One big positive offered by learning styles is that they are a non-threatening way to engage students in conversations about their learning.  Many students do not routinely participate in systematic self-reflection, but we can encourage them to talk about how they learn and what it means to demonstrate their own understanding of a subject by using easy-to-understand terminology found in the learning styles inventory.  As long as we don’t affix permanent labels to our students, which in effect “excuses” them from mastering the material, learning styles can provide students with insight into their own learning and offer a source of concrete strategies for engaging with course material.

  1. Coffield, F., Moseley, d., Hall, E., & Ecclestone, K. (2004) Learning styles and pedagogy in post-16 Learning: A systematic and critical review. London: Learning and Skills Research Centre.
  2. Pashler, H., McDanierl, M., Rohrer,  D. & Bjork, R. (2008) Learning Styles: Concepts and Evidence. Psychological Science in the Public Interest 9(3):105-119.

Do Our A&P Students Know How to Read? Part 3

20 Feb
valerie-lee

A message from Valerie Lee, an assistant professor at Southern Adventist University who just started her 6th year of teaching and loves HAPS!

In Parts 1 and 2 of this blog series, we identified that Anatomy & Physiology students are having difficulty with reading comprehension.  More specifically, their struggles are not limited to understanding specific content; rather, they are struggling with general vocabulary comprehension.
(To view Part 1 &/or Part 2 of this series,  Click the Link(s):
“Do Our A&P Students Know How to Read
 -PART 1             -PART 2

For her Southern Scholars senior research project, Molly Theus, first year Doctor of Veterinary Medicine student at the University of Georgia in Athens,  attempted to seek insight into this problem by asking four questions:

  1. Does a positive correlation exist between cumulative GPA and vocabulary comprehension?
  2. Does a positive correlation exist between time spent reading for pleasure and vocabulary comprehension?
  3. Does a positive correlation exist between being read to as a child and vocabulary comprehension?
  4. Is there a link between a student’s major and vocabulary comprehension?

Molly chose six classes as candidates for investigation: General Biology II, Principles of Biology, Anatomy and Physiology II, Cell and Molecular Biology, Studies in Daniel, and Pathophysiology (Table 1). These classes were chosen to include one lower (n=42) and one upper division (n=31) biology-major class, one lower (n=43) and one upper division (n=32) nursing class, and one lower (n=27) and one upper division (n=20) general education class (total n=195). To assess personal reading habits and history, a questionnaire was distributed to all students in the six selected classes. To assess vocabulary comprehension, a twenty-question multiple choice vocabulary quiz was also distributed. In order to assure anonymity, informed consent and student information forms were assigned a unique three number code corresponding to each questionnaire.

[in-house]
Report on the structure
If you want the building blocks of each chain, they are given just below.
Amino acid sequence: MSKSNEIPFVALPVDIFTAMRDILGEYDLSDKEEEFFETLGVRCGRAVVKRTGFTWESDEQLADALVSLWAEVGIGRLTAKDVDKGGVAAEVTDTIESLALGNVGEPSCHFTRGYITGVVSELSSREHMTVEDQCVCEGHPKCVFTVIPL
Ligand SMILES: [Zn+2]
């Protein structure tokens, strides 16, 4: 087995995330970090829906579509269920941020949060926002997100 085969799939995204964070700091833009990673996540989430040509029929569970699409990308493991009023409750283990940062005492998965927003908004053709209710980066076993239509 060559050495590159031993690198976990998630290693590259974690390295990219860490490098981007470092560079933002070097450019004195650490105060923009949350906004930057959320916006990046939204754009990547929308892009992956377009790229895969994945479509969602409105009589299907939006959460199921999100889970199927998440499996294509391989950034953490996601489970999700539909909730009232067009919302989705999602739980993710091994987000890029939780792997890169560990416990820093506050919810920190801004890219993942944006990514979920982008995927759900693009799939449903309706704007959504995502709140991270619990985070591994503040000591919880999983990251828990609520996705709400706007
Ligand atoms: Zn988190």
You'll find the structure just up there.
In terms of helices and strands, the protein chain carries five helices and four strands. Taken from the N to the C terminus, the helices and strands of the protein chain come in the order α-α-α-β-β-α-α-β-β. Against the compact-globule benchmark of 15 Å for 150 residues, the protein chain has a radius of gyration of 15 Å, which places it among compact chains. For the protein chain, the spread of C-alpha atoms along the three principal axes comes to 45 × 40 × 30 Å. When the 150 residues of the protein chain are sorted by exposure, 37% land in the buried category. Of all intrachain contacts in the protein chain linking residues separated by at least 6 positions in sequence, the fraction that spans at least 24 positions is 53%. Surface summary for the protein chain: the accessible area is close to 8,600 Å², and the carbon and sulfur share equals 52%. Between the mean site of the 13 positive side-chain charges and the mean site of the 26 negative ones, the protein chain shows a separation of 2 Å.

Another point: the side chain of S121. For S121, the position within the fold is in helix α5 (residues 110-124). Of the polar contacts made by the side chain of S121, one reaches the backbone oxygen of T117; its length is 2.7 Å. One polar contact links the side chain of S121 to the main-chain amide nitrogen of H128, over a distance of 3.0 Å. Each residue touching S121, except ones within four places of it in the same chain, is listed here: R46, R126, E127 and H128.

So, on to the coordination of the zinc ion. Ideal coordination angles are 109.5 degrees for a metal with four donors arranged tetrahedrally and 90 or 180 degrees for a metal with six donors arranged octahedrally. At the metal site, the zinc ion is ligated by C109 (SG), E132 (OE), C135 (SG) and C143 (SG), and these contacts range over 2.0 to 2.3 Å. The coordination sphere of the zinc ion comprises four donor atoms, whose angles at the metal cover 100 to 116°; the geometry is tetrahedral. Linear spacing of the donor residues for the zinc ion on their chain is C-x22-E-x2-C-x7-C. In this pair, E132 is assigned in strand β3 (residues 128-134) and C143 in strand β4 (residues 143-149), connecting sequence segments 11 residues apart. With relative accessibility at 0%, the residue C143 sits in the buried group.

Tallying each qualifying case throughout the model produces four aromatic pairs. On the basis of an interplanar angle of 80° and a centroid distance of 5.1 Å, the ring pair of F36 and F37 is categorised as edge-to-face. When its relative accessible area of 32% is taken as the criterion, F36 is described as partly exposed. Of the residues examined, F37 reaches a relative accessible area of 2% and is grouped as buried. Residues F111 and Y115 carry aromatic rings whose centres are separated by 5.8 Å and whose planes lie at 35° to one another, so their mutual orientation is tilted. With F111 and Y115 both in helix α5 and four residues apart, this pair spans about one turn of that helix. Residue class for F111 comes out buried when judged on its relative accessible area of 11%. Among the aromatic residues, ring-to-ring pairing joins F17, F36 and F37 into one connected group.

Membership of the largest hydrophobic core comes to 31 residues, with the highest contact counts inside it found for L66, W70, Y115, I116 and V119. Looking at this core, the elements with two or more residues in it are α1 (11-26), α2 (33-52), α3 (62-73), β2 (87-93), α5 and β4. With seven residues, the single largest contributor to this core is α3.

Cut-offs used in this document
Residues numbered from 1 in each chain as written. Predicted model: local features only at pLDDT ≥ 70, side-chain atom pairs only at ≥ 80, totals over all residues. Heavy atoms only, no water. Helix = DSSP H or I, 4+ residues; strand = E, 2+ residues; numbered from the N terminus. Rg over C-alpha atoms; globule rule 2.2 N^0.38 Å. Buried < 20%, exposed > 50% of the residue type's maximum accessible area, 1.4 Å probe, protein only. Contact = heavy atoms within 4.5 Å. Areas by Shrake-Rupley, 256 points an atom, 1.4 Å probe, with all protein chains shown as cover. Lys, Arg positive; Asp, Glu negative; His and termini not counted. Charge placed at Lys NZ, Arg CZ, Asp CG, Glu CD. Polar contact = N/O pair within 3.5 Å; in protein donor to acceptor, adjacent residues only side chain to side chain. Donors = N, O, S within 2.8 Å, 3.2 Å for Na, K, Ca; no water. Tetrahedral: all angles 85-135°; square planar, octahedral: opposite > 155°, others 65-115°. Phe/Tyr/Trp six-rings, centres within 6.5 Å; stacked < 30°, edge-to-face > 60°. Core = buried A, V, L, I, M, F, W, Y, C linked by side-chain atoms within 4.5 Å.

Participants were given a two-week period of time in which to complete the questionnaires. Once the packets were collected, each informed consent document containing student names was separated from the rest of the forms so that quiz scores were kept anonymous. The names were needed to compile average GPAs and class-standing information for each participant. GPA and class-standing was then matched to quiz scores using the unique numerical codes. We made use of an ANCOVA linear model to analyze our data. The number of questions missed on the vocabulary assessment was the dependent variable and the independent variables are listed in Table 2. University GPA was rank-transformed to meet parametric assumptions. Analysis was performed using R version 3.3.0.

The preliminary result yielded three key results:

KEY RESULT 1: Students’ reading for pleasure had no statistical significance for predicting higher scores on the vocabulary quiz (Table 2). This was contrary to what we had hypothesized based on the literature.